Football: Hutchison's passable McAllister take-off

Everton 1 Blackburn Rovers 0
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SINCE his name was not among the 44 announced by Craig Brown for Scotland's forthcoming senior and B internationals, it is safe to assume that Don Hutchison can plan his summer break without fretting over whether he might be summoned to face Brazil in the opening match of the World Cup.

Before the Tynesider's only cap for his father's country, in a B game four years ago, Brown likened his style to that of Gary McAllister. Hutchison played poorly and was substituted, never to be selected again. Yet the evidence of what Howard Kendall termed "a very big result" for Everton suggested that Scotland's estimable manager ought to take another look.

Back in the Premiership following last month's pounds 1m move from Sheffield United, Hutchison gave a passable impersonation of Brown's stricken playmaker and captain. The significance of his performance, in which his passing showed an impressive range and vision in the face of some typically robust challenges by Tim Sherwood and Billy McKinlay, was not lost on Howard Kendall.

"I've given Don a role and he's got the opportunity to show people in the Premiership how good a player is," the Everton manager said. "I thought he was outstanding. Word will get round and I'm sure it will reach Craig Brown."

What sets players like McAllister apart, of course, is their ability to produce such displays on a consistent basis. Hutchison often flattered to deceive during spells with Liverpool and West Ham, as well as being prone to the kind of puerile pranks in which Gateshead's more famous gift to the midfield arts specialises.

His form over the coming weeks could therefore be critical not only to his club's prospects of avoiding relegation, but also to the 26-year-old's own chances of putting down roots at the top level.

Everton's run-in comprises five home games and three away, including the mother and father of a six-pointer at Tottenham on 4 April. Now that Barnsley are securing results to match their spirit, the struggle for survival looks likely to go down to the season's final Sunday. On that day, ironically, Kendall's side receive the club whose reputation for late escapes they are beginning to rival, Coventry.

Duncan Ferguson's return ought to increase their scoring capacity at a stroke. When it comes to accommodating him, it will be fascinating to see whether Mickael Madar's headed winner on Saturday overrides in the manager's mind the impression of indolence which he created.

After one relatively innocuous challenge the pony-tailed Parisian lay as if in need of the last rites. In contrast, Dave Watson sprang straight to his feet, like a character being rewound on video, following a bone- shuddering barge by Sherwood.

With Carl Tiler and Slaven Bilic, Watson formed a barrier which Blackburn, sorely missing Kevin Gallacher's mobility, never quite breached despite abundant possession. Annoyingly for Kendall, Bilic's imminent suspension will now break up that unit. There was consolation, however, in the excellence of the fast-maturing Michael Ball, an 18-year-old left-back who will surely play for England.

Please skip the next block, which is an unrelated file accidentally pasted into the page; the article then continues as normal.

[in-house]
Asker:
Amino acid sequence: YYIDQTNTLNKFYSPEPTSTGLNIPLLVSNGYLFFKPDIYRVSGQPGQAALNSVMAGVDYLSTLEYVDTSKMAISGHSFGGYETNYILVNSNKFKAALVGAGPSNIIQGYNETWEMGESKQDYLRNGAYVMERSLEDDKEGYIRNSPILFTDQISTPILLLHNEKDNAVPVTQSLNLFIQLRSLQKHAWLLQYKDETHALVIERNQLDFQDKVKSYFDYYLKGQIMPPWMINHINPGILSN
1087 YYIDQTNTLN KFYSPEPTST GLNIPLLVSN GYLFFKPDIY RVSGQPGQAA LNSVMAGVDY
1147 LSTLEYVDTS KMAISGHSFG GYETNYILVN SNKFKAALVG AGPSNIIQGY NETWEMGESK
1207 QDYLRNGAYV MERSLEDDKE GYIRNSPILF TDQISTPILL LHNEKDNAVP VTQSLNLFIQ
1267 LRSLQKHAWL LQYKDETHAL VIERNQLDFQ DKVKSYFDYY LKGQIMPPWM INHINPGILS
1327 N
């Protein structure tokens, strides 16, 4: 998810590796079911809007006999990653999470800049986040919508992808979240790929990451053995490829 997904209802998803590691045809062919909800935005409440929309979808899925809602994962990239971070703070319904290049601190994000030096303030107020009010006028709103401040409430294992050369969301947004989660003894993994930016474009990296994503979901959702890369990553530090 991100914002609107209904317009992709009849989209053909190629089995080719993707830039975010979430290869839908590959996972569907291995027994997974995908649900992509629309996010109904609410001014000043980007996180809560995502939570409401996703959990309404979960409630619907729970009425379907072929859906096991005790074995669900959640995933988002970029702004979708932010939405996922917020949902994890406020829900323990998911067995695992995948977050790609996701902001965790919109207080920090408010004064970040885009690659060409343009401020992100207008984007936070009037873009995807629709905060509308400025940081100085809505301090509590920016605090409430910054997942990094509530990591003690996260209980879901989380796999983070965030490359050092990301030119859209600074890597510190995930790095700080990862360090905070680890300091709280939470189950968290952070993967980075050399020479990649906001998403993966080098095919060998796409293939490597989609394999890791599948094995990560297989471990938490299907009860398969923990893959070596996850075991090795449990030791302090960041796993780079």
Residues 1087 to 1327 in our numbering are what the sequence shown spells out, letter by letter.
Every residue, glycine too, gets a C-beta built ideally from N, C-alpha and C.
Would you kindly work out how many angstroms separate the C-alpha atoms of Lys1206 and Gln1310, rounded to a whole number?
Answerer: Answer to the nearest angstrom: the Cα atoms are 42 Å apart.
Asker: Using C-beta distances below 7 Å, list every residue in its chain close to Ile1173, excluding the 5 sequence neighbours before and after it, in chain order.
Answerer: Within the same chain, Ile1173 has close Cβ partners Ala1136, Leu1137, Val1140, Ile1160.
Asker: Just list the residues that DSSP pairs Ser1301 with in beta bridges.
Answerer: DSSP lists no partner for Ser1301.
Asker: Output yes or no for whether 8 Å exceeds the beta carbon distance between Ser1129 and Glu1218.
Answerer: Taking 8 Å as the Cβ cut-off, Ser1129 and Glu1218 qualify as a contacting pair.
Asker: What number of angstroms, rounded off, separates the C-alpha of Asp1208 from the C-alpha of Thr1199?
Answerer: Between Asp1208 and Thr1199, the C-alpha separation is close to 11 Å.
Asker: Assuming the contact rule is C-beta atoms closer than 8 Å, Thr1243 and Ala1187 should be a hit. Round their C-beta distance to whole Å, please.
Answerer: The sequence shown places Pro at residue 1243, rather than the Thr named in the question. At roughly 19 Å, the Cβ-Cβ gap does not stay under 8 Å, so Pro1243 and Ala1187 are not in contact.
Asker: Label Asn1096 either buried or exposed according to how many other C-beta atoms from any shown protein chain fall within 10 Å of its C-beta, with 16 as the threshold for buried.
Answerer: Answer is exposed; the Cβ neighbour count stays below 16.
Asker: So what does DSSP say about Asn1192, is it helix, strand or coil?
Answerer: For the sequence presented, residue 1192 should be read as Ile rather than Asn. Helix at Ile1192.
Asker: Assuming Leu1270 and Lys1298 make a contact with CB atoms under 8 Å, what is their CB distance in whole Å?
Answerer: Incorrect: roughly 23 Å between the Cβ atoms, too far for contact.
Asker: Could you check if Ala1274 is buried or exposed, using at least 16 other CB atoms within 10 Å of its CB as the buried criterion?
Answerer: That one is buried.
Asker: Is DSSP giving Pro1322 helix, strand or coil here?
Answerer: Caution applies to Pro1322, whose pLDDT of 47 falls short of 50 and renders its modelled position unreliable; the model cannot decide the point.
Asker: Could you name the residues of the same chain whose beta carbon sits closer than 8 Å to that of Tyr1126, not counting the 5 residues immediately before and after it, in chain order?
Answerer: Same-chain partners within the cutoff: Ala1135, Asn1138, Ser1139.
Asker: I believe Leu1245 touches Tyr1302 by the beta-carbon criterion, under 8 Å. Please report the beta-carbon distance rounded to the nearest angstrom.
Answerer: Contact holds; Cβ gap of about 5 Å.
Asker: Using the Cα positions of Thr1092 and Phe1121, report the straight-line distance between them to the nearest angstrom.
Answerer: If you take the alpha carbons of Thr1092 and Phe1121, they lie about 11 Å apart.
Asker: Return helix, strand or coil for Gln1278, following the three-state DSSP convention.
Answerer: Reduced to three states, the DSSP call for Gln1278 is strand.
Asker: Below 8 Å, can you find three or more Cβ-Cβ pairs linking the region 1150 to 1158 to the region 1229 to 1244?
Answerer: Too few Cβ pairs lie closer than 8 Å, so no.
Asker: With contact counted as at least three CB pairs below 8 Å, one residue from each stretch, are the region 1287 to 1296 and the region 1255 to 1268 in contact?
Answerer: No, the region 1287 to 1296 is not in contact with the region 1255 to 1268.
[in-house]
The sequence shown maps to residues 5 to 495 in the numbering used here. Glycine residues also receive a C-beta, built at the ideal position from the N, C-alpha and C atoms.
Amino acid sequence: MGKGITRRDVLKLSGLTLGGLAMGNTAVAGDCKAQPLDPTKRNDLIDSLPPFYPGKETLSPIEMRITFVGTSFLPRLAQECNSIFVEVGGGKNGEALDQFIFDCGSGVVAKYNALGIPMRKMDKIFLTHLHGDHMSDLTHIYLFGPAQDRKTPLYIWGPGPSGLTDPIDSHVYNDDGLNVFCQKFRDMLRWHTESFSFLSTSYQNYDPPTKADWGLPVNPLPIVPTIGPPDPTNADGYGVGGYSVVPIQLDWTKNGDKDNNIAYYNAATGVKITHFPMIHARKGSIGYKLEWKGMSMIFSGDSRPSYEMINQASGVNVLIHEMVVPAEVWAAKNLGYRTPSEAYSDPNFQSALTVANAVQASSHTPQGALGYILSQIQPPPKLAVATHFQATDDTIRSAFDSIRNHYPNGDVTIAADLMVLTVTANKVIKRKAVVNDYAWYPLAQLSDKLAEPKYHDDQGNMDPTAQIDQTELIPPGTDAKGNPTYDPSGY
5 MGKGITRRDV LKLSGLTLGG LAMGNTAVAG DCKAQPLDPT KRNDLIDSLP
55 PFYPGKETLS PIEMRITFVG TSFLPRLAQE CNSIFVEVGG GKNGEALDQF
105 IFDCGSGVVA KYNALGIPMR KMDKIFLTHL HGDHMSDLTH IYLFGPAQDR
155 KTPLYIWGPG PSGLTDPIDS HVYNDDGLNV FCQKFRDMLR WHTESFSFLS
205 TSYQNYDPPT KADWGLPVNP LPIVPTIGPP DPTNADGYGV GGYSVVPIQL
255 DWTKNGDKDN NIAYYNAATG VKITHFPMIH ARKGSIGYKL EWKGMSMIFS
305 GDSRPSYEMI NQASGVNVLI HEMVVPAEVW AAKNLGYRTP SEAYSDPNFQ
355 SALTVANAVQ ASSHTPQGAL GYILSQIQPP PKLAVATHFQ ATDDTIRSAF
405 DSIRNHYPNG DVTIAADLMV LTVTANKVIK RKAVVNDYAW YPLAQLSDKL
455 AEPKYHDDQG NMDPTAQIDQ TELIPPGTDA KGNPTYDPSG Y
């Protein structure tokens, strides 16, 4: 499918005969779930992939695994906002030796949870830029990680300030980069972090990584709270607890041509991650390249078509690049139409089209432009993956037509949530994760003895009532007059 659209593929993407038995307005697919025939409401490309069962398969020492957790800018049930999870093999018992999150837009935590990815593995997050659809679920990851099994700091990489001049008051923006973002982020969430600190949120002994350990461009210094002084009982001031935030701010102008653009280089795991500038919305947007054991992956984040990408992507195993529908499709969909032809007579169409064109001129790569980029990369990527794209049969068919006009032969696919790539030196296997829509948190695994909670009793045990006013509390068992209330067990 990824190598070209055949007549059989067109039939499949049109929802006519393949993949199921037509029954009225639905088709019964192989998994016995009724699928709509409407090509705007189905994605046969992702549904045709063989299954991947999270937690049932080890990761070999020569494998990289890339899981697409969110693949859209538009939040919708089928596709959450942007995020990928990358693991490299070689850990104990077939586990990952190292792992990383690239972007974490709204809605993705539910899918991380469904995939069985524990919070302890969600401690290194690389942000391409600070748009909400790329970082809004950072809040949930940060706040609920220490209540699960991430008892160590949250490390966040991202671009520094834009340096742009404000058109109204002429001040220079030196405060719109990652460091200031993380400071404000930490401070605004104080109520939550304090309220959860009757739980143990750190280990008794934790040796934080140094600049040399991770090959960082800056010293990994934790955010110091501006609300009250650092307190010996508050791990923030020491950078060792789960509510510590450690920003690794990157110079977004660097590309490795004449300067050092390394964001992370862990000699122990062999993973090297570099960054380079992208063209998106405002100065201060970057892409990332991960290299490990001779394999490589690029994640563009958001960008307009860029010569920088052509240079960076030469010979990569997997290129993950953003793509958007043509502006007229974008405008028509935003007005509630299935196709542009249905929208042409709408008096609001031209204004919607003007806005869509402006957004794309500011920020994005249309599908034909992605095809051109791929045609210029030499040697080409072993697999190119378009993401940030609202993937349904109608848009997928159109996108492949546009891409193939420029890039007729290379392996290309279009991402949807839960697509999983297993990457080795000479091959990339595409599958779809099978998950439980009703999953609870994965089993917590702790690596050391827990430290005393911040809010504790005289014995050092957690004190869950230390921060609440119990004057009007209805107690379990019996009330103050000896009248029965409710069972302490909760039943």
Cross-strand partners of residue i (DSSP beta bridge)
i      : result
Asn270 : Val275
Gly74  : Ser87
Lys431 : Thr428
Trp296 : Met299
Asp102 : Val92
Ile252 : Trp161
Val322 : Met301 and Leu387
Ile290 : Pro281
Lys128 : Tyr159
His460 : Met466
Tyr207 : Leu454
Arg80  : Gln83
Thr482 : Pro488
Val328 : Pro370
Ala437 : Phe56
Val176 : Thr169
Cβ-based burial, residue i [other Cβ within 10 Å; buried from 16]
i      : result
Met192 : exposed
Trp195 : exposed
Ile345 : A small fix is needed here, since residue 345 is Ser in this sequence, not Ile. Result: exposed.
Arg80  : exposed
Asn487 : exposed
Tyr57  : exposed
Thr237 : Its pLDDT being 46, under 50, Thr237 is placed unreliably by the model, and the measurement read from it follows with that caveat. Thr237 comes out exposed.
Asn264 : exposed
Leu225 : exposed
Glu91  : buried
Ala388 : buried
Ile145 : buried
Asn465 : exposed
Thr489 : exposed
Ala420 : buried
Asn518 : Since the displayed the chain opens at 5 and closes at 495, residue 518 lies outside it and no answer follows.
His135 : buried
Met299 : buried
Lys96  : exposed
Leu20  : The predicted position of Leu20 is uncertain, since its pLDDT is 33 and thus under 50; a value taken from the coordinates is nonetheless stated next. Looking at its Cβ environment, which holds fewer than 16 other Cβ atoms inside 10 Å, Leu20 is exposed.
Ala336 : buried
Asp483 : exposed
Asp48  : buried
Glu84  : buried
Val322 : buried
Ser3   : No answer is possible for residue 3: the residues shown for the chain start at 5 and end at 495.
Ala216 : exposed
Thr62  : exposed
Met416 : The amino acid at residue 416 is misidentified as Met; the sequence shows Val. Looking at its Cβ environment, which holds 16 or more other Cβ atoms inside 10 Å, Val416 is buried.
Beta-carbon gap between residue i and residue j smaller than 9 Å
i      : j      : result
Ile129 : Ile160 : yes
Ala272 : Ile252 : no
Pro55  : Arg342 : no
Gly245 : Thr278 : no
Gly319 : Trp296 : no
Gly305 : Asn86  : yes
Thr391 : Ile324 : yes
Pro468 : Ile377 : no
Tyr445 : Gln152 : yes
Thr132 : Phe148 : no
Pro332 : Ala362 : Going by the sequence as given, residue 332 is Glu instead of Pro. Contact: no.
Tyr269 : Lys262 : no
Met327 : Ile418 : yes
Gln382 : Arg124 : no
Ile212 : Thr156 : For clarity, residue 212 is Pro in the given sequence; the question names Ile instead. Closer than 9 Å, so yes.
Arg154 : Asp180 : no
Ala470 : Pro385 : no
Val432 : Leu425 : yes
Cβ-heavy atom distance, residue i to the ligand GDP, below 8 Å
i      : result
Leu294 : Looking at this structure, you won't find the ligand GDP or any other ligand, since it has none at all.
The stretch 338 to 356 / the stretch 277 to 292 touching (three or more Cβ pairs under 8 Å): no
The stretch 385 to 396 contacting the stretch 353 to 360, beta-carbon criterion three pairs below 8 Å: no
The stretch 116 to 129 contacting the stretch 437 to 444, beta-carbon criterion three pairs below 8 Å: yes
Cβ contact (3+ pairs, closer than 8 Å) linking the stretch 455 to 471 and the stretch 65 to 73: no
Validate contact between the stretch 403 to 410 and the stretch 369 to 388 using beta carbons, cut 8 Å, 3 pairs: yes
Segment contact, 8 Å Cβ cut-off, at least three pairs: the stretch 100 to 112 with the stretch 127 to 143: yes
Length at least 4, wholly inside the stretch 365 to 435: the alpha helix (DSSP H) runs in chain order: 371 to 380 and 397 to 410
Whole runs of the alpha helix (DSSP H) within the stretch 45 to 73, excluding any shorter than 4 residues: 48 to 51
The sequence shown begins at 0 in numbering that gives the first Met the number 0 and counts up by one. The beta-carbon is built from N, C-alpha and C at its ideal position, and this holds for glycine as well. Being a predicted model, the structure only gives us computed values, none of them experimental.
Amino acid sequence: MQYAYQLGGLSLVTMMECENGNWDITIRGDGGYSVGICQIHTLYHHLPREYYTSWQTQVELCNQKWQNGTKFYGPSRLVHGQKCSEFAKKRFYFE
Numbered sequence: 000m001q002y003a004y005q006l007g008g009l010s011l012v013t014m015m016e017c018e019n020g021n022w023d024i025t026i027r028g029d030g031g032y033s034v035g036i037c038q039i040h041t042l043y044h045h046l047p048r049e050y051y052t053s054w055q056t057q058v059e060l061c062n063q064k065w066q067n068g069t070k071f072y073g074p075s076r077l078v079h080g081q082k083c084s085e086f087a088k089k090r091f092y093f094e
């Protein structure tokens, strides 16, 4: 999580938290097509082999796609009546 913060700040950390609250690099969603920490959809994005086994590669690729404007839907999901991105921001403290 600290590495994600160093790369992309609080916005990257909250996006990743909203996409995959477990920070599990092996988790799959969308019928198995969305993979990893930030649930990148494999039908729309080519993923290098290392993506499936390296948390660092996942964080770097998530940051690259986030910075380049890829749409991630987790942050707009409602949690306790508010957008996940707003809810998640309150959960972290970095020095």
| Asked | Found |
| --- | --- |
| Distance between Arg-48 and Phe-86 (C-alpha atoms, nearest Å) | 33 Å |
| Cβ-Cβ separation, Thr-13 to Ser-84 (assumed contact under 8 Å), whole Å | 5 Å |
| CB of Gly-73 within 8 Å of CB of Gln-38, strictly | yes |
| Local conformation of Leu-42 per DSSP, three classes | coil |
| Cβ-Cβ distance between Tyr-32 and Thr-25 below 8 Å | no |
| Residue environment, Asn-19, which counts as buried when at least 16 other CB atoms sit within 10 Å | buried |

Blackburn's title challenge, already marginal, is over after a fourth defeat in five matches. Their priority now, according to Roy Hodgson, is to confirm a Uefa Cup place, although the fact that Arsenal and Manchester United have to visit Ewood Park means they still have a part to play in deciding the championship.

Hodgson was right to stress that Blackburn had not played badly. But the good individual performances he talked about were confined to the terrier-like McKinlay and the underrated Stephane Henchoz. Unfortunately, the less impressive displays, to which he did not refer, included that of Tim Flowers, who was caught in no man's land for the goal.

Nor, for all his technique, did Martin Dahlin offer the foil to Chris Sutton normally provided by Gallacher's lung-bursting endeavour. And it is hard to resist the conclusion that Damien Duff deserves a starting role. For whatever reason, Hodgson has not spent as freely as his predecessors, and Blackburn are not so well off for players that they can afford to use the gifted young Irish winger so sparingly.

Goal: Madar (62) 1-0.

Everton (3-5-2): Myhre; Bilic, Watson, Tiler; O'Kane, Barmby (McCann, 76), Hutchison, Oster, Ball; Spencer, Madar (Cadamarteri, 82). Substitutes not used: Dunne, Allen, Gerrard (gk).

Blackburn Rovers (4-4-2): Flowers; Kenna, Henchoz, Hendry, Wilcox; Ripley (Duff, 73), Sherwood, McKinlay, Flitcroft; Sutton, Dahlin. Substitutes not used: Broomes, Croft, Beattie, Fettis (gk).

Referee: G Willard (Worthing).

Bookings: Everton: Barmby, O'Kane, Tiler. Blackburn: Flitcroft, Hendry, McKinlay, Sutton.

Man of the match: Hutchison.

Attendance: 33,423.